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High Hazard Cross Connections - Significant Deficiencies (PDF)
In response to the federal Safe Drinking Water Act Ground Water Rule (GWR) and documented incidents in Minnesota, the Minnesota Department of Health (MDH) classified high-hazard cross-connections that are not adequately protected as a Significant Deficiency (SD) for all Community Public Water Systems (CPWSs). When an SD is found during a sanitary survey the community public water system purveyor must correct it within 120 days.
MDH defines high-hazard cross-connections as those that would require a Reduced Pressure Zone (RPZ) backflow preventer or an air gap. However, CPWSs are strongly encouraged to adopt a more comprehensive approach by addressing all cross-connections through a cross-connection control program.
In addition, the Department of Labor and Industry (DLI) has adopted a new Minnesota Plumbing Code which went into effect January 23, 2016. As a result of the revised plumbing code, all testable backflow devices installed on or after this date, which includes RPZs, pressure type vacuum breakers, spill-proof vacuum breakers, and double check valve assemblies, must be tested and inspected annually. Also, notifications of the installation and testing of these backflow devices need to be provided to the community public water system purveyor. More information on testing and maintenance of testable backflow devices is available on-line: Fact Sheet: Backflow Devices. It isn’t the responsibility of the purveyor to ensure compliance with the reporting requirement, but the requirement does support an effective cross-connection control program.
In response to this, MDH is requiring CPWSs to continue to require SD compliance for high-hazard cross-connections but also recommend low-hazard cross-connections (those that would require pressure type vacuum breakers, spill-proof vacuum breakers, and double check valve assemblies but not RPZs) be addressed.
MDH is working to propose a rule revision in the near future requiring CPWSs meet the five standard elements of a cross connection control program: local authority, public education and awareness, trained/certified staff, written records, and enforcement. An effective cross connection control program is designed to be self-supportive, and the specific details associated with each element would be left to the discretion of the CPWS to meet their unique needs.
During sanitary surveys, MDH’s approach to discovering inadequately protected high-hazard cross-connections involves the District Engineer asking the CPWS if they know of any, and if the answer is “Yes”, the CPWS must identify the location(s) and submit a Corrective Action plan within 120 days to address the cross-connection(s). Below are examples of Corrective Action plans:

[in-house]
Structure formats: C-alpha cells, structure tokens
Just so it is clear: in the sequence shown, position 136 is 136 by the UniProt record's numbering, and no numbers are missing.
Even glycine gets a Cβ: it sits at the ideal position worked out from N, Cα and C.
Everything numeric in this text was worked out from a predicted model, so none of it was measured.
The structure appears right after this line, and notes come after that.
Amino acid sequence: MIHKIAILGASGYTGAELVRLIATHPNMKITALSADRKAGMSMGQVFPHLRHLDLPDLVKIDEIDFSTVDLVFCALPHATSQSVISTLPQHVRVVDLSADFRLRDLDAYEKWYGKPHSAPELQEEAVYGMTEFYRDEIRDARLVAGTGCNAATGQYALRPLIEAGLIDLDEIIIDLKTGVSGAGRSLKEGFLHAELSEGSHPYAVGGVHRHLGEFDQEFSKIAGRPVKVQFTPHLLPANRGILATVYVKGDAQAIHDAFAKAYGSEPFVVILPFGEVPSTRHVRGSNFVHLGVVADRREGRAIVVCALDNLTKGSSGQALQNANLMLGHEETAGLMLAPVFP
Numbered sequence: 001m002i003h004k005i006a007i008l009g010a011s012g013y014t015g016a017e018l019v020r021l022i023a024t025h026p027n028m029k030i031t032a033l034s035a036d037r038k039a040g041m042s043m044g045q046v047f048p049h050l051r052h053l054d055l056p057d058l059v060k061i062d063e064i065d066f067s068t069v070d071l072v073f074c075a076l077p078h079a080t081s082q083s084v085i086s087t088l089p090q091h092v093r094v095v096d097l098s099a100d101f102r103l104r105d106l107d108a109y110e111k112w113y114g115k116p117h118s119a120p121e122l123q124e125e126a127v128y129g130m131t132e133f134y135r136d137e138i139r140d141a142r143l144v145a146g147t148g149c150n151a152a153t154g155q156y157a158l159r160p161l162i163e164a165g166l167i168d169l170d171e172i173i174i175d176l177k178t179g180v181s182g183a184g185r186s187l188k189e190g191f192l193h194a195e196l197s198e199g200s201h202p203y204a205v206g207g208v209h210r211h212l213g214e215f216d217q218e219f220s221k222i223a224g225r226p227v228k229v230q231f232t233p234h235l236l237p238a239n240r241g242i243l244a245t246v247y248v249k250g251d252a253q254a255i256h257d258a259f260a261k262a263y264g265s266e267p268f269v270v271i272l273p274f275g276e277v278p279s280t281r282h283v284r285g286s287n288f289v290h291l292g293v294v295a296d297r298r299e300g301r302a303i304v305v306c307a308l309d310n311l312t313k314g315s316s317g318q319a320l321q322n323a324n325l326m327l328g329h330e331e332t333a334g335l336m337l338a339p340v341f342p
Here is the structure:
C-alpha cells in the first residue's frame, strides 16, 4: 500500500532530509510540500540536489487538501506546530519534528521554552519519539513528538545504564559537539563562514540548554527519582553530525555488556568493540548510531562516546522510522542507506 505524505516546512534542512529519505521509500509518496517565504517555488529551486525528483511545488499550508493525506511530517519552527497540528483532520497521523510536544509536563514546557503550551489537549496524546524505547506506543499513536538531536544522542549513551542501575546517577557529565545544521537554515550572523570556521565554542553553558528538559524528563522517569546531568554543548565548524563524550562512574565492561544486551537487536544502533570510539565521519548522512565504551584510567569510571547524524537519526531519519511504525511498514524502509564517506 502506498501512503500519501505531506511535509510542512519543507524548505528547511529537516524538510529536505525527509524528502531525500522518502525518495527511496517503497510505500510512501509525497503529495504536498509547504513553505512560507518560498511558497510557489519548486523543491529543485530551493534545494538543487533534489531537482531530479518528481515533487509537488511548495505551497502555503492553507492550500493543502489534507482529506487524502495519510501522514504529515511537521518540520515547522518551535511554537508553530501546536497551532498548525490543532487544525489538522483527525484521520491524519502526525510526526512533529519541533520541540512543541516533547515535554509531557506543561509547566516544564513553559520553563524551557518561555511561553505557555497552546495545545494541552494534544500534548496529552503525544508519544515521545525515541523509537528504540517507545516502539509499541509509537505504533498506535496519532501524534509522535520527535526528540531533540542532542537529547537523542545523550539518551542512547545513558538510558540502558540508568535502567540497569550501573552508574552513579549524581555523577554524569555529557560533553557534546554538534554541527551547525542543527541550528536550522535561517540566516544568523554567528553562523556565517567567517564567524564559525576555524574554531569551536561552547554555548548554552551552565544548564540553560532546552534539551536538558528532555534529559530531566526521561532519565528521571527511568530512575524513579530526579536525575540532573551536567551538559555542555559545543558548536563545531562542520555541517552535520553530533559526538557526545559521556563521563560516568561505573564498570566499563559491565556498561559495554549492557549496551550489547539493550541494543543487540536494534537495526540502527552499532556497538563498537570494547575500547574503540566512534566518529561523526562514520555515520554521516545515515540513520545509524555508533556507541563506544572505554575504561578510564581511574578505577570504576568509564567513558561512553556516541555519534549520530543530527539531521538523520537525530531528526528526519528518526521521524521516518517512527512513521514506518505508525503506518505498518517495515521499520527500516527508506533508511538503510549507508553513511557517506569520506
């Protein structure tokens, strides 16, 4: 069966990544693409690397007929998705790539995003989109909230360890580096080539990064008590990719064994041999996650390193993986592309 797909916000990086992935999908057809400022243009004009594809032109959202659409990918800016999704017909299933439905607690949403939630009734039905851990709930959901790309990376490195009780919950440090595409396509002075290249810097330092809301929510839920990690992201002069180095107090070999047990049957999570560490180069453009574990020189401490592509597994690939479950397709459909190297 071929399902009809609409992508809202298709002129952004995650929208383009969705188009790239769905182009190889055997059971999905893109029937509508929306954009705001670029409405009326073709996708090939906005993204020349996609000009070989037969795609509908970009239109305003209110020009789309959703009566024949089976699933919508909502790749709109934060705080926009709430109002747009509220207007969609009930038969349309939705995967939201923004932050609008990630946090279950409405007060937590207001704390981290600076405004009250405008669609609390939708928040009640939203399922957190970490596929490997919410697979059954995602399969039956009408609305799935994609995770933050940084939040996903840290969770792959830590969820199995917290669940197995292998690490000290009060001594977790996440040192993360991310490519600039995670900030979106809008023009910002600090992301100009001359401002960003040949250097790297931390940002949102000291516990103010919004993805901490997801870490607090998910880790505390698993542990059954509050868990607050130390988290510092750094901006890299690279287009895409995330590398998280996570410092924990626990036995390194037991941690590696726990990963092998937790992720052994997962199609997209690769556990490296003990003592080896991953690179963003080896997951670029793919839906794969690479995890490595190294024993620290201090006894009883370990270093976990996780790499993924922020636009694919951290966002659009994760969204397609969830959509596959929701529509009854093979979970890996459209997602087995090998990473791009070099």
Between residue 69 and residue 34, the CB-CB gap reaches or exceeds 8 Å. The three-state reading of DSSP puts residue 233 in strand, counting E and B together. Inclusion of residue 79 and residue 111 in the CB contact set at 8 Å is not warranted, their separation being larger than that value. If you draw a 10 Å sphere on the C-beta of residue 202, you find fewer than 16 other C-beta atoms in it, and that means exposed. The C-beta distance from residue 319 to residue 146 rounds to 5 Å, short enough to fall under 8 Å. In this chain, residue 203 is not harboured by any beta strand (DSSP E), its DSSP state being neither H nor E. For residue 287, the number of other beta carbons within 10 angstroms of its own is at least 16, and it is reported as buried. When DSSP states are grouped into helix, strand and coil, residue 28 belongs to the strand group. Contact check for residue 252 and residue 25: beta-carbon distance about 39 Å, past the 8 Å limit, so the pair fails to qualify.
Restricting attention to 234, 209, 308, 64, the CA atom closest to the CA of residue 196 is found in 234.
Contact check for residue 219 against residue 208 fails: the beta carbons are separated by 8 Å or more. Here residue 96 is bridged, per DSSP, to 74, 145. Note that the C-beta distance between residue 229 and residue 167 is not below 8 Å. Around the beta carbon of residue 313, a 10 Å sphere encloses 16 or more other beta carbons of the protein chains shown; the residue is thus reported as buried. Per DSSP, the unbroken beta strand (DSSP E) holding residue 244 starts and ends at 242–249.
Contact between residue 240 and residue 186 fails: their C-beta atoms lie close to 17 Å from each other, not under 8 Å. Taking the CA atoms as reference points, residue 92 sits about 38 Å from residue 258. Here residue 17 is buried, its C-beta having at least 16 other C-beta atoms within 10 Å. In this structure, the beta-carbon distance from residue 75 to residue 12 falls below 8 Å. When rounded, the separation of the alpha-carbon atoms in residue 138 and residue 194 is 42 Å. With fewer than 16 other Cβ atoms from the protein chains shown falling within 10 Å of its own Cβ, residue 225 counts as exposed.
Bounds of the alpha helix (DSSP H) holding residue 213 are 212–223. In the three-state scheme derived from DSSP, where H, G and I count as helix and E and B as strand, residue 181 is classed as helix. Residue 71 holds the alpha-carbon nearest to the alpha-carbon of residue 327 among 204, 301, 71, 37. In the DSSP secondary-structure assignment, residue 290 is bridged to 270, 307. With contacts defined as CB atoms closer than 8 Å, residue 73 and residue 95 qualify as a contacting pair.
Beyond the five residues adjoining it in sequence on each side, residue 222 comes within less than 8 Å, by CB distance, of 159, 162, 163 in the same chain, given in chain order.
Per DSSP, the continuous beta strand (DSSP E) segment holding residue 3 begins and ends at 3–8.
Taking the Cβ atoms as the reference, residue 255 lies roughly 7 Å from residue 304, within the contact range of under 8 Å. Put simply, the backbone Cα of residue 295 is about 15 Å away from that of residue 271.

Initiate development of a cross-connection control program that includes:
- Authority to implement and enforce the program, i.e. city ordinance
- Certification of backflow assembly testers
- Reporting and recordkeeping
- Public notification of backflow events
Adopt local enforcement authority for plumbing code within 90 days of receiving SD notification.
- Notify owner of plumbing code violation within 30 days of adopting local authority;
- Require owner address cross-connection within 30 days of being notified of plumbing code violation; and
- Confirm cross-connection has been addressed within 30 days of owner notification.
Inform the building owner that they are in violation of the new Minnesota Plumbing Code.
- Meet with the owner within 30 days of receiving SD notification;
- Request owner address cross-connection within 30 days of meeting; and
- Confirm cross-connection has been addressed within 60 days of meeting.
Notify responsible licensing authority for business with suspected or known inadequately protected high-hazard cross-connection, i.e. MDH for Food, Beverage, or Lodging Establishments and Health Care Facilities and providers; MDA for In-Store Delis, Grocery Stores, Butcher Stores, Bakeries, Convenience Stores; USDA for Food Processing Facilities.
- Notify responsible licensing authority within 30 days of receiving SD notification;
- Confirm cross-connection has been addressed within 90 days of notifying responsible licensing authority.
If the answer is “No,” the CPWS must document what specific actions were taken to come to that conclusion, i.e. talked to local plumbers, talked to the local plumbing authority, met with owners of possible high-hazard cross connections, and/or tracked RPZ backflow preventer installation and maintenance records.
If the answer is “I’m not sure,” the CPWS must take action to locate any suspect or known inadequately protected high-hazard cross connections prior to the next Sanitary Survey (within 18 months).
- American Backflow Prevention Association
- League of Minnesota Cities
- Minnesota American Water Works Association
- Minnesota Department of Health
(grant opportunities and fact sheets)
- Minnesota Department of Labor and Industry
- Minnesota Rural Water Association
(templates and helpful hints for implementing cross-connection control programs)
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